- Do your thing: Determine what you can control. Concentrate on your influence only. The key to sailing through this is to maintain your mental balance, follow all safety protocols, get vaccinated and eat & think healthy.
- Take inspiration from each other: Nothing works betters in these difficult times than learning from others how they navigated through the troubled times. Observing and learning from your colleagues on how they embrace change and deal with it, can open up your awareness and possibilities to learn and grow together. It also helps in understanding that we are not alone in this.
- Setting SMART goals: Getting back to the old routine after a long gap can be difficult and frustrating. Set SMART goals to start off and reward yourself for even a small goal achieved. We progress inch by inch.
- Build emotional awareness: Check-in with yourself. Be aware of your emotional state. Educate yourself and support those around you to help them navigate through their discomfort. With awareness comes change.
- Exercise self-care: You can’t pour out of an empty cup. It’s imperative that you look after yourself to take care of your significant others.
- Celebrate: Celebrate small wins and appreciate one another to build a positive work environment
- Break the stigma: The COVID-19 pandemic and the resultant lockdowns and confinement to homes have severely impacted our mental wellness. While coping with your own distress, help your friends and fellow colleagues navigate through tough emotions. Help and support each other through this.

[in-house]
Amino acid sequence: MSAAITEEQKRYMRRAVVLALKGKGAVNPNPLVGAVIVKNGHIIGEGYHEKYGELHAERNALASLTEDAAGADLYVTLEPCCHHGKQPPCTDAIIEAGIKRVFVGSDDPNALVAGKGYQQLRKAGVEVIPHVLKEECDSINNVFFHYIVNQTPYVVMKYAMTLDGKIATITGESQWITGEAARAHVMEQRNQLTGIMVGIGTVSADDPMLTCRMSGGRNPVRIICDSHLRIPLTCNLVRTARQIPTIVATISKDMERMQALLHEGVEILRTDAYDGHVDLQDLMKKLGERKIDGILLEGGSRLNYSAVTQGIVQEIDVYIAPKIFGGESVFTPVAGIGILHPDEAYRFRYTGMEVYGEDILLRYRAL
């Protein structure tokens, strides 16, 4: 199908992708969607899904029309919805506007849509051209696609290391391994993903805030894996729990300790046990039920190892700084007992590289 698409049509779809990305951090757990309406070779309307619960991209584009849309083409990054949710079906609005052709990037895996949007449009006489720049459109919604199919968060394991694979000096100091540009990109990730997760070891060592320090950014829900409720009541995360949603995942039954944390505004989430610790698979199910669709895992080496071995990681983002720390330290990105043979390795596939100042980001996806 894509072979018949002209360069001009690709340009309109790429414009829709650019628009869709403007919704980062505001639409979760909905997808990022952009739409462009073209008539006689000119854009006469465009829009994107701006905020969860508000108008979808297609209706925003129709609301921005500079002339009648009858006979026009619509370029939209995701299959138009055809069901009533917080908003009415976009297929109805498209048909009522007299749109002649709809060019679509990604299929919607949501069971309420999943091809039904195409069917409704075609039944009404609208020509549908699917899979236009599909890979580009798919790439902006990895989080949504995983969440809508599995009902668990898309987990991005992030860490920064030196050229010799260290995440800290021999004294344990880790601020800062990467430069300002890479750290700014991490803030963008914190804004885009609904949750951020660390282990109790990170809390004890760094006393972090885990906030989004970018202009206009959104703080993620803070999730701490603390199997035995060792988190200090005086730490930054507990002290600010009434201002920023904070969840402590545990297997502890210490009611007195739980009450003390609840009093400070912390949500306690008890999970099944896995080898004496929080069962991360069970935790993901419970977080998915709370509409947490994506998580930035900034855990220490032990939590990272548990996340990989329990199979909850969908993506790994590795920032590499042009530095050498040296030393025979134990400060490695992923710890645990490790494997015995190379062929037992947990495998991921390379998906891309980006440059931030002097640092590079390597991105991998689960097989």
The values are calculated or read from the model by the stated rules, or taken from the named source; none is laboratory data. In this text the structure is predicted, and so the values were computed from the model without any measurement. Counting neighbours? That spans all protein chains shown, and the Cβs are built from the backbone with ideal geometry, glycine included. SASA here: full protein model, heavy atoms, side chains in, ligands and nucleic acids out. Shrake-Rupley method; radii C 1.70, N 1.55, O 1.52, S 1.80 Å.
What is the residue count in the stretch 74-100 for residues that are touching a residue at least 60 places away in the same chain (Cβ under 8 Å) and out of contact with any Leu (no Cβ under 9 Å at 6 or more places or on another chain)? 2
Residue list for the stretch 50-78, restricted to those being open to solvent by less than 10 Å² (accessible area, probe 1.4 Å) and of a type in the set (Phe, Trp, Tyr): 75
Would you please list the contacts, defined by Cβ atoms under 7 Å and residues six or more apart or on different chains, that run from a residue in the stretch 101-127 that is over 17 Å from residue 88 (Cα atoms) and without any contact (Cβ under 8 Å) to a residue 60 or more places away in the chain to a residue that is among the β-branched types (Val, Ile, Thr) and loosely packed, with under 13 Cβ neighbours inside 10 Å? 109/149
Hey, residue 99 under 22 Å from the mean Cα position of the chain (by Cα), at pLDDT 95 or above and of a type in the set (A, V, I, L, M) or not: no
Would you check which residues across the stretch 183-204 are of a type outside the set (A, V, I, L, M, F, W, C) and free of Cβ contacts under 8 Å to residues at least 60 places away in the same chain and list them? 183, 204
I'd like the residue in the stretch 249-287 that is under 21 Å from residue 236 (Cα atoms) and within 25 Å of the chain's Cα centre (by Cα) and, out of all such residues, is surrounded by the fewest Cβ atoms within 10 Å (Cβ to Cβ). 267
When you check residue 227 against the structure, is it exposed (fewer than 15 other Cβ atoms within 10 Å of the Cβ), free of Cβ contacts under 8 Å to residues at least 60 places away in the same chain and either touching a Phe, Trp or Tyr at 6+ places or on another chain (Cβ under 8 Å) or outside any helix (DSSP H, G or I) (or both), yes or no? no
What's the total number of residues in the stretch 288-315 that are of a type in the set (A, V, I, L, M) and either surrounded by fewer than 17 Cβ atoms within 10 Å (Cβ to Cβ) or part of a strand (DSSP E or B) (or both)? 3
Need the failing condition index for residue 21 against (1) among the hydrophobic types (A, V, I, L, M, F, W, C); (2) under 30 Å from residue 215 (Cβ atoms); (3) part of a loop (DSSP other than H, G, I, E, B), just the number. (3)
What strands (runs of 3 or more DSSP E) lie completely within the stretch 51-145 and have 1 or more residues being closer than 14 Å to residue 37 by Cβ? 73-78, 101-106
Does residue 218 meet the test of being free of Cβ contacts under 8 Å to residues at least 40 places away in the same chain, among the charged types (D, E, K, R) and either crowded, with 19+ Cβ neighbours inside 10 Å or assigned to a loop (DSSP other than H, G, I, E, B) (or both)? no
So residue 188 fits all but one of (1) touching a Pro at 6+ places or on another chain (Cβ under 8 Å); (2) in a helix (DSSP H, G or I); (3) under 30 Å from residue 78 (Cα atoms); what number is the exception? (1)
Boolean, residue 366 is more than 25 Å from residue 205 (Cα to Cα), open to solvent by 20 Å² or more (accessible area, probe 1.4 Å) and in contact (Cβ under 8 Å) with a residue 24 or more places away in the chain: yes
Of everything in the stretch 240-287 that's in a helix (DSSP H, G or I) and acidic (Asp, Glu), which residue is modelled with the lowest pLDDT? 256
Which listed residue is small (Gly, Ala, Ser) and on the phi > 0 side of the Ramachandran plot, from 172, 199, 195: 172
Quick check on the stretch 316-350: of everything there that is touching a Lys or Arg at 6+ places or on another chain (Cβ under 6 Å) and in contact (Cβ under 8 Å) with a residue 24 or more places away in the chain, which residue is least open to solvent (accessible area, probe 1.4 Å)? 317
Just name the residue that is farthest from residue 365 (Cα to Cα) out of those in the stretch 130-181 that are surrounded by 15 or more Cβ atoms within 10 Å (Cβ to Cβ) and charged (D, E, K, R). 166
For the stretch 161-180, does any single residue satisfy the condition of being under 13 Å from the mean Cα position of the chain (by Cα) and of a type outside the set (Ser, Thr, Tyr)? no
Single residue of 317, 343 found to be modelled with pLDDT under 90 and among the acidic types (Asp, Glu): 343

- Be each other’s armour: Don’t hesitate to seek and offer help. It is the time to support each other and build a strong community.
- Channelize energies: Times such as these are hard with not many avenues to venture out into the open. Use this time to revive a hobby that you were passionate about back in the days. Or start a new hobby. It is never too late to learn something new.
- Cut down on social media: “Social media is the thief of joy (if you let it be)”. This quote neatly sums up what social media can do to oneself. It is a well-known fact that not all that is circulated on these platforms are true. During times such as these the tendency to get carried away by posts about the pandemic is at an all-time high as people are keen to know the daily caseloads, government measures to control the spread of the pandemic…to name a few. Many of these could be making you feel stressed. Be mindful of your feeds because what you watch, read, or listen could have an impact over you. Restrict the updates to specific times of the day and not throughout the day.
- Follow a regime: This is the time to put in place a regime for healthy eating, adequate exercising and sleeping. All these have a significant role to play on the mind and body.
To sum up, the employers need to show empathy and patience and open the channels of communication to support their employees through this transition phase. They must prioritise mental health and well-being in their organisations and help reduce the stigma around it. By doing so they not only provide a safe space for employees to express themselves without a fear of judgement but also bring mental health concerns out in the open.